Cookbook Review: Momofuku Milk Bar

Ain't nothing simple in Christina Tosi's cookbook

Cookbook Review: Momofuku Milk Bar

I avoid restaurant cookbooks because I’m not the target audience and because I firmly believe that restaurant food and home-cooked food should never mix. The Momofuku Milk Bar cookbook is a perfect example of why I hold these beliefs.

I had high hopes for this cookbook after sampling a compost cookie during Christina Tosi's panel at SXSW; I've had good luck with the cookbooks from another beloved Brooklyn bakery and besides, how hard could it be to make a cookie with coffee, chocolate and butterscotch chips, and potato chips in it? Everybody loves a chocolate chip cookie, and the nostalgia factor is appealing. Turns out, it’s a massive pain. In fact, I didn’t even make the compost cookies because I was so exhausted after making the cereal milk (the simplest recipe in the book), cornflake crunch, cornflake chocolate chip marshmallow cookies, and crack pie that I couldn’t muster the energy to jump through anymore culinary hoops in service to this cookbook.

Here’s why this cookbook is not for the home cook:
1. The ingredients are expensive and difficult to obtain. Raise your hand if you have glucose, gelatin, and corn powder on hand or know where to get it. (Sure, you could order the ingredients online, but that’s not super helpful if you have a hankering to make a cool pie and then have to wait a week for the UPS guy to show up with your supplies). What’s more, I spent $30 on ingredients for the recipes I named above. Cookies and pie shouldn’t cost $30.
2. The recipes haven’t been tested for home kitchens. Cook times are waaaaay off (the Crack Pie recipe claims a 20-minute cooking time, but in my oven it took nearly 40 minutes and it still wasn’t set when I yanked it for fear of burning). The cook time for the cornflake cookies is allegedly 18 minutes, but at 16 minutes, I had melted, burnt Frisbees. A second tray fared better at a more conservative 12 minutes, but if you look at the reviews, you’ll see that I’m not in the minority in my extremely frustrating experience. (You can see photographic evidence of my travails with this recipe here.)
3. It’s way too fussy. Don’t be fooled by the presence of Fruity Pebbles and Ritz crackers in this cookbook; it may be super playful and adorably nostalgic and toy with the conventions of classical cooking, but when I want to make a pie, I just want to make a damn pie. I don’t want to have to make a giant oatmeal cookie, then crumble it up and process it with other ingredients in order to get to a pie crust. I am a busy working mom who doesn’t have the unlimited reservoir of time, energy, and patience required to make a “mother” ingredient (like cereal milk or cornflake crunch or sprinkled birthday cake crumb) for my desired recipe.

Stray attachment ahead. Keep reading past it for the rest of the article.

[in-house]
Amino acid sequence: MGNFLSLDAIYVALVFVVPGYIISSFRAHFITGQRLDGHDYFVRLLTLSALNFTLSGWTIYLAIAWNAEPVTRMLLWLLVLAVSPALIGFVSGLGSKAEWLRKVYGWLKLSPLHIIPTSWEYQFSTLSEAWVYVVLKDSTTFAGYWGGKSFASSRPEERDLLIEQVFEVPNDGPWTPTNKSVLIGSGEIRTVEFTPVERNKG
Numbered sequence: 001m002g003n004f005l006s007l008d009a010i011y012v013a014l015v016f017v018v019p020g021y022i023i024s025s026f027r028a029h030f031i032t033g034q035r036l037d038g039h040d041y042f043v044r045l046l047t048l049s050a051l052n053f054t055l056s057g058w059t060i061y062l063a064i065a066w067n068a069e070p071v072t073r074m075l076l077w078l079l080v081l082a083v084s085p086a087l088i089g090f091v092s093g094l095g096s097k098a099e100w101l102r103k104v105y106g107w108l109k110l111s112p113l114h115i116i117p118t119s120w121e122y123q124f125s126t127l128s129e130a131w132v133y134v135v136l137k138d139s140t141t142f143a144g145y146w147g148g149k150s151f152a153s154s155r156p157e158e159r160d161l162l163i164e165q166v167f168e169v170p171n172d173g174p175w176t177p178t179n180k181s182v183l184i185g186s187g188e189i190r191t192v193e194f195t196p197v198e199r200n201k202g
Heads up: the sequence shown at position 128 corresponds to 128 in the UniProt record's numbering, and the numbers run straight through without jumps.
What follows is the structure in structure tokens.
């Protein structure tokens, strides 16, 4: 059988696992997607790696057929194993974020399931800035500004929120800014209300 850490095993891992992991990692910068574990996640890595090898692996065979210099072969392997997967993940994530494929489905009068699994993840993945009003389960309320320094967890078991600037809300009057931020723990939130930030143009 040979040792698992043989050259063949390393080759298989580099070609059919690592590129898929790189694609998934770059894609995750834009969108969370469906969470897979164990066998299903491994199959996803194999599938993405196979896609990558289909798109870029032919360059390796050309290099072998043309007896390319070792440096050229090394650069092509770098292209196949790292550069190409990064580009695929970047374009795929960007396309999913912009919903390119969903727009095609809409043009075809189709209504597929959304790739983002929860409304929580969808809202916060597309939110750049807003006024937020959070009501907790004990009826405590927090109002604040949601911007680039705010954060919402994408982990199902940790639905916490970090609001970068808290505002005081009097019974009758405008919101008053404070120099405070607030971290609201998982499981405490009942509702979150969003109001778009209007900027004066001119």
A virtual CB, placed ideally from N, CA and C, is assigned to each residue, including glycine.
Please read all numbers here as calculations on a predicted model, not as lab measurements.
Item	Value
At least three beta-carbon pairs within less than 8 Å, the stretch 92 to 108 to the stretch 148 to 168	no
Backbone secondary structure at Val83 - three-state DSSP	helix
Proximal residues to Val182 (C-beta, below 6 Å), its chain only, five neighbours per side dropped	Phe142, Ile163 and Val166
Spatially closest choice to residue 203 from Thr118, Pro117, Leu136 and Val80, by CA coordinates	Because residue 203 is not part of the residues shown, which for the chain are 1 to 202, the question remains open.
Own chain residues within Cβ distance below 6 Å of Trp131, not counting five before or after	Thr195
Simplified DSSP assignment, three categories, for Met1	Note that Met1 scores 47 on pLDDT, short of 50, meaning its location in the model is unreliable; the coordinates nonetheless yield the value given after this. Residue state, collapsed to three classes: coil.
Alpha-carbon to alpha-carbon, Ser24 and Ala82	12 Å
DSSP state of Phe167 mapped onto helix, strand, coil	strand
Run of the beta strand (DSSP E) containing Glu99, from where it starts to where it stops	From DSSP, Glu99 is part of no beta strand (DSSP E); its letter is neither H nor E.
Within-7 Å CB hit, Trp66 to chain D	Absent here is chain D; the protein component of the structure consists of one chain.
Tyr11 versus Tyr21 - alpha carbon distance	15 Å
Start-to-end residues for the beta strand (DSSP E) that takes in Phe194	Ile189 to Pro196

But how does the food taste? Well, if you like overcooked, thin, chewy cookies with a nice hint of caramelization, you may like the cornflake cookies. The Crack Pie is extremely rich and sweet – a little sliver goes a long way toward satisfying a craving – and gets greasy as it warms to room temperature (the cookbook demands that you eat it cold, presumably to head off a consumer’s butter shock), but the deep caramelized flavor of the filling is delicious, and you can never go wrong with the combination of salty and sweet. Quite frankly, my favorite recipe is the cereal milk; I have been enjoying stealing sips from the jar of sweet, nostalgic goodness all week. But as far as the rest of the recipes go, when I want a nostalgic after-school snack, I’ll stick with Toll House cookies and draining my cereal bowl the old-fashioned way.

By the way, Tosi will be at Killed By Dessert on Monday, where you can enjoy pastry chefs' recipes as God intended: in a restaurant.

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Momofuku Milk Bar cookbook, Momofuku, Milk Bar, Crack Pie, cereal milk, Christina Tosi, Killed By Dessert

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